CPRE, the countryside charity, has said that Chancellor Rishi Sunak’s ‘mini-Budget’ missed the mark on transport and housing. The Chancellor had been aiming to revive the economy through his A Plan for Jobs mini-Budget, announced earlier this month, but Tom Fyans, CPRE campaigns and policy director, said: “While we have seen promising starts on energy efficiency and shoring up rural hospitality businesses, the Chancellor has missed major opportunities to begin building back better when it comes to transport and housing investment.” Mr Fyans addressed several issues in the mini-Budget: On existing homes: “The £3 billion announced on energy efficiency is a good start but must be swiftly followed by a National Retrofit Strategy that CPRE has been calling for in our new report Greener, Better, Faster and a plan for longer-term investment. Decarbonising our homes and buildings is essential to preventing runaway climate change. We expect to see further investment in reducing emissions from our existing homes via the £9bn for energy-efficiency schemes promised by Boris Johnson in the Conservative Party’s general election manifesto at the end of last year.” On new homes: “We understand the Chancellor wants to reboot the construction sector, but he’s pulling the wrong lever with a Stamp Duty holiday. By investing in social and genuinely affordable housing instead, he could drive up build rates and provide the homes that are so desperately needed, especially in rural areas. We cannot accept that private rentals in nine out of 10 rural areas are unaffordable for care workers. We urge the government to begin investing in homes for our heroes and tackling the housing crisis.” On transport: “Any serious claims to a green recovery are being completely undermined by the out-of-touch £27bn road-building plans that will drive up emissions and will likely not be needed with homeworking on the rise. In the mini-Budget we did not hear one mention of public transport, the low-carbon alternative to the private car that is so desperately needed, especially in disconnected rural areas. We are urging the government to scrap the planned road spending and put this money to much better use. Diverting some of this funding to a dedicated rural transport fund would have a dramatic impact connecting up towns and villages with affordable, convenient and low-carbon public transport.” On rural economies: “The Chancellor was absolutely right to highlight hard-hit rural businesses in the hospitality industry and we welcome the ‘eat out to help out’ vouchers. We can all play our part in supporting local businesses as we emerge from lockdown. Our hope is that these vouchers will help get small rural restaurants, pubs and cafes back on their feet as lockdown eases and holiday season begins, with many of us choosing to go on a staycation here in the UK rather than venturing abroad.”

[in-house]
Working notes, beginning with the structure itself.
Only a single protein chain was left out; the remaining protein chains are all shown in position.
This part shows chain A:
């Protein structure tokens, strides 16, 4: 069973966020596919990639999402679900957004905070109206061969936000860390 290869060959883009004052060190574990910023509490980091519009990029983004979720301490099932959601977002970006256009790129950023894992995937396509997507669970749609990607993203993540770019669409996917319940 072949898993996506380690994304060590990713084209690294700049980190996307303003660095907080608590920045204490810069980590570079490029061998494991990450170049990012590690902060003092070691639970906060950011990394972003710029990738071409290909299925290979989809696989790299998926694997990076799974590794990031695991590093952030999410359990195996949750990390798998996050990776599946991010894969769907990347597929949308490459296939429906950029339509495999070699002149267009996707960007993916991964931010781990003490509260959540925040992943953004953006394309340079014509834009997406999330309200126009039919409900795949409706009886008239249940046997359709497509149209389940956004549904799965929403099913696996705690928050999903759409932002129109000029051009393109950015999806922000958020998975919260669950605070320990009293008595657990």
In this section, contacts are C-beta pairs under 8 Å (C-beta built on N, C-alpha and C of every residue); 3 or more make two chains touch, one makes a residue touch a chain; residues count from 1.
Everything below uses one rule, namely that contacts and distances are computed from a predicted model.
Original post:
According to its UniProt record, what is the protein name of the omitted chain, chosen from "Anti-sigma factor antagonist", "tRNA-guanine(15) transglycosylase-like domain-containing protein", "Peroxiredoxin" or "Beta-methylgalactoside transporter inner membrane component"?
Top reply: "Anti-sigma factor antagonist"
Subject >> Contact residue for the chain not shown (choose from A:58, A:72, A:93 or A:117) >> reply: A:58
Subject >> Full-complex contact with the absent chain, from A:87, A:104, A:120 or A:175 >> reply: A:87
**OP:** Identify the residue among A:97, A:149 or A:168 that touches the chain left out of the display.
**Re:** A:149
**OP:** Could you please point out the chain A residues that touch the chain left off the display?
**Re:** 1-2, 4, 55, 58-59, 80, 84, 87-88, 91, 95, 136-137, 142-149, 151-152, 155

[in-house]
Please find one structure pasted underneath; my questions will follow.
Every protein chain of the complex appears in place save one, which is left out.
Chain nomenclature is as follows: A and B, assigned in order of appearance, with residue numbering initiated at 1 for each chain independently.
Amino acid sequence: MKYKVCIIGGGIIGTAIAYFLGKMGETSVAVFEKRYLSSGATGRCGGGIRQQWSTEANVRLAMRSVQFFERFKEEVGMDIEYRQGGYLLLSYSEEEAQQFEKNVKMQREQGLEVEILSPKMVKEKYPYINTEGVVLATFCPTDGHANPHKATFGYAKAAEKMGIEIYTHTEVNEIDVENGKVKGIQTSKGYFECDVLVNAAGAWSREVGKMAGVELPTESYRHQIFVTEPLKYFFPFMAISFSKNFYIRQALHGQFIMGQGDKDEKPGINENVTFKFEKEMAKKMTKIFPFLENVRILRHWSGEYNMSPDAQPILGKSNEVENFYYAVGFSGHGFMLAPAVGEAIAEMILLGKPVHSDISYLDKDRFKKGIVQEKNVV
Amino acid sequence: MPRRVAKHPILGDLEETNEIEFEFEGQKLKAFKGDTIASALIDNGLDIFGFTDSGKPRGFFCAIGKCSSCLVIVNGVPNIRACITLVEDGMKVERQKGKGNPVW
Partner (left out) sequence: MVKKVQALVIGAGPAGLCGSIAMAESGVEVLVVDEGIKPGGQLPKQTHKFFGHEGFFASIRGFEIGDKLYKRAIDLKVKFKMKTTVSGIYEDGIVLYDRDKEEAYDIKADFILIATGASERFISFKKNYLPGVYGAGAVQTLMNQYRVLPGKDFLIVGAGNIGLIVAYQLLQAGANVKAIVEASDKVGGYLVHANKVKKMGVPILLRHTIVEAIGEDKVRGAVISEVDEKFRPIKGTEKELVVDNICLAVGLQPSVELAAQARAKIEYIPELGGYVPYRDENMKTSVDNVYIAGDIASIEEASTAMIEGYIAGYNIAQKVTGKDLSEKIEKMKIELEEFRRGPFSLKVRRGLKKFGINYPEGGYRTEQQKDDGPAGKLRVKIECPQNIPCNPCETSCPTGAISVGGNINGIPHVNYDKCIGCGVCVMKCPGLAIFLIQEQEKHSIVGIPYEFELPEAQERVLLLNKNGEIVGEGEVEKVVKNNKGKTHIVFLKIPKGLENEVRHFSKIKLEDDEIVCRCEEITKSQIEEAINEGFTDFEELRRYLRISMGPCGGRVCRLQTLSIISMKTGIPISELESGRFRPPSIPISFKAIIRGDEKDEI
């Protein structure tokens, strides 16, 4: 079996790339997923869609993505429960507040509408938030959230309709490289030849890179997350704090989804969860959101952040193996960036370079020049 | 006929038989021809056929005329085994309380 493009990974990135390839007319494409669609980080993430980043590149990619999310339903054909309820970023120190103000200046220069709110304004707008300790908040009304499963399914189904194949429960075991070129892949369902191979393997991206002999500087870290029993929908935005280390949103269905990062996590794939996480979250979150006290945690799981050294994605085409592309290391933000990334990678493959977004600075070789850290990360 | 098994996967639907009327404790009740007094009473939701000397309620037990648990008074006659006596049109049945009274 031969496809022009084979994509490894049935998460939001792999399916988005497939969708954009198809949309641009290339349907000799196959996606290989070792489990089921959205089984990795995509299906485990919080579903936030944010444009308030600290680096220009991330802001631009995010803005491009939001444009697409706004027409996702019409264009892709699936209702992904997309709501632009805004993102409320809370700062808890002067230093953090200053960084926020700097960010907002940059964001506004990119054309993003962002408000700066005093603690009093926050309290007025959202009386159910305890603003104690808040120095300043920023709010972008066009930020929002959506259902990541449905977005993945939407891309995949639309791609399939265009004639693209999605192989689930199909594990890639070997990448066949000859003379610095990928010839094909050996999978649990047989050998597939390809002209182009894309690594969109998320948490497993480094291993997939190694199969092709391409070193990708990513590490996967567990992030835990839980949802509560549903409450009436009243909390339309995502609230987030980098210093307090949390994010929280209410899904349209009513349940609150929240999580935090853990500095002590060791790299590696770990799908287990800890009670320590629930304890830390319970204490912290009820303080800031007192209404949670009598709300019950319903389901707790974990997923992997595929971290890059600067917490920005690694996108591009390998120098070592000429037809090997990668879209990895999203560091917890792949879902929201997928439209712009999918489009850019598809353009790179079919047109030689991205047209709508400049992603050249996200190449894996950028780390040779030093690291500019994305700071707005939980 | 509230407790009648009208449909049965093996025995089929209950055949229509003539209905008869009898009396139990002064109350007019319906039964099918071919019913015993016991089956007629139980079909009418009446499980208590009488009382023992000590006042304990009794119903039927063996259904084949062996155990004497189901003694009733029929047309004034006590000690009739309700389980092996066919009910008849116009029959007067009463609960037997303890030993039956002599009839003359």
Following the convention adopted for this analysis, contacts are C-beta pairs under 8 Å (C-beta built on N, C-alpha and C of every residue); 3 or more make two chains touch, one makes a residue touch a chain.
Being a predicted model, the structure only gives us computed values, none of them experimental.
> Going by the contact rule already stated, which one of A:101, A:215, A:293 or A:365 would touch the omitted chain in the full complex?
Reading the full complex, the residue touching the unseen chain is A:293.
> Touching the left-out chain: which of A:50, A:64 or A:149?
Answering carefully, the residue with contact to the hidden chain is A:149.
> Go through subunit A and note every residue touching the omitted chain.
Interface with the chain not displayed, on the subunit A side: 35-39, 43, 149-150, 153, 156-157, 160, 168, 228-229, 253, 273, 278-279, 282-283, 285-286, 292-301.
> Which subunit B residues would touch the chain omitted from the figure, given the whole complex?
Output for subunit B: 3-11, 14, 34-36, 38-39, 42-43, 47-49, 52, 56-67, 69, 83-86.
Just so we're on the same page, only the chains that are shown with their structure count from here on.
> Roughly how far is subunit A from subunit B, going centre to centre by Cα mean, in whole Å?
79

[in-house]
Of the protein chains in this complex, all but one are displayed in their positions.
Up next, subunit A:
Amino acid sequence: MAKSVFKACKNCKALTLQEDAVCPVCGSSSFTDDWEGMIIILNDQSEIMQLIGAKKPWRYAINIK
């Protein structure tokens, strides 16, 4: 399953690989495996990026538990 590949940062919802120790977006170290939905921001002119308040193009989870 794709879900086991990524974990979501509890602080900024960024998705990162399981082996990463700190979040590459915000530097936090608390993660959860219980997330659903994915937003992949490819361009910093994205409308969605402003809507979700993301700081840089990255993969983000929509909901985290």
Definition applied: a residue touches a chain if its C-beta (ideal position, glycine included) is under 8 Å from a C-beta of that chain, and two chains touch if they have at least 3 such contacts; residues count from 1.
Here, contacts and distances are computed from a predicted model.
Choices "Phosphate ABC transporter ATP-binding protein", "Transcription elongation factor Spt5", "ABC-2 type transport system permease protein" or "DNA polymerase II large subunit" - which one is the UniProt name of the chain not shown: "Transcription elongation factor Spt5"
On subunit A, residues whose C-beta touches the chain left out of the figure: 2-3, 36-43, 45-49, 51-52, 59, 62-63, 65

CPRE, the countryside charity, has given a decidedly hostile response to the prime minister’s post-coronavirus recovery plan in which he promised to “build, build, build”. Boris Johnson’s announcement of a ‘new deal’, delivered in Dudley yesterday (Tuesday, June 30), pledged £5 billion to build homes and infrastructure and vowed to speed up and intensify plans set out in the Tory election manifesto. The UK economy has reportedly shrunk faster between January and March this year than at any time since 1979 and the government proposals are intended to halt that decline. Key features of Johnson’s ‘new deal’, some of which had already been announced, include: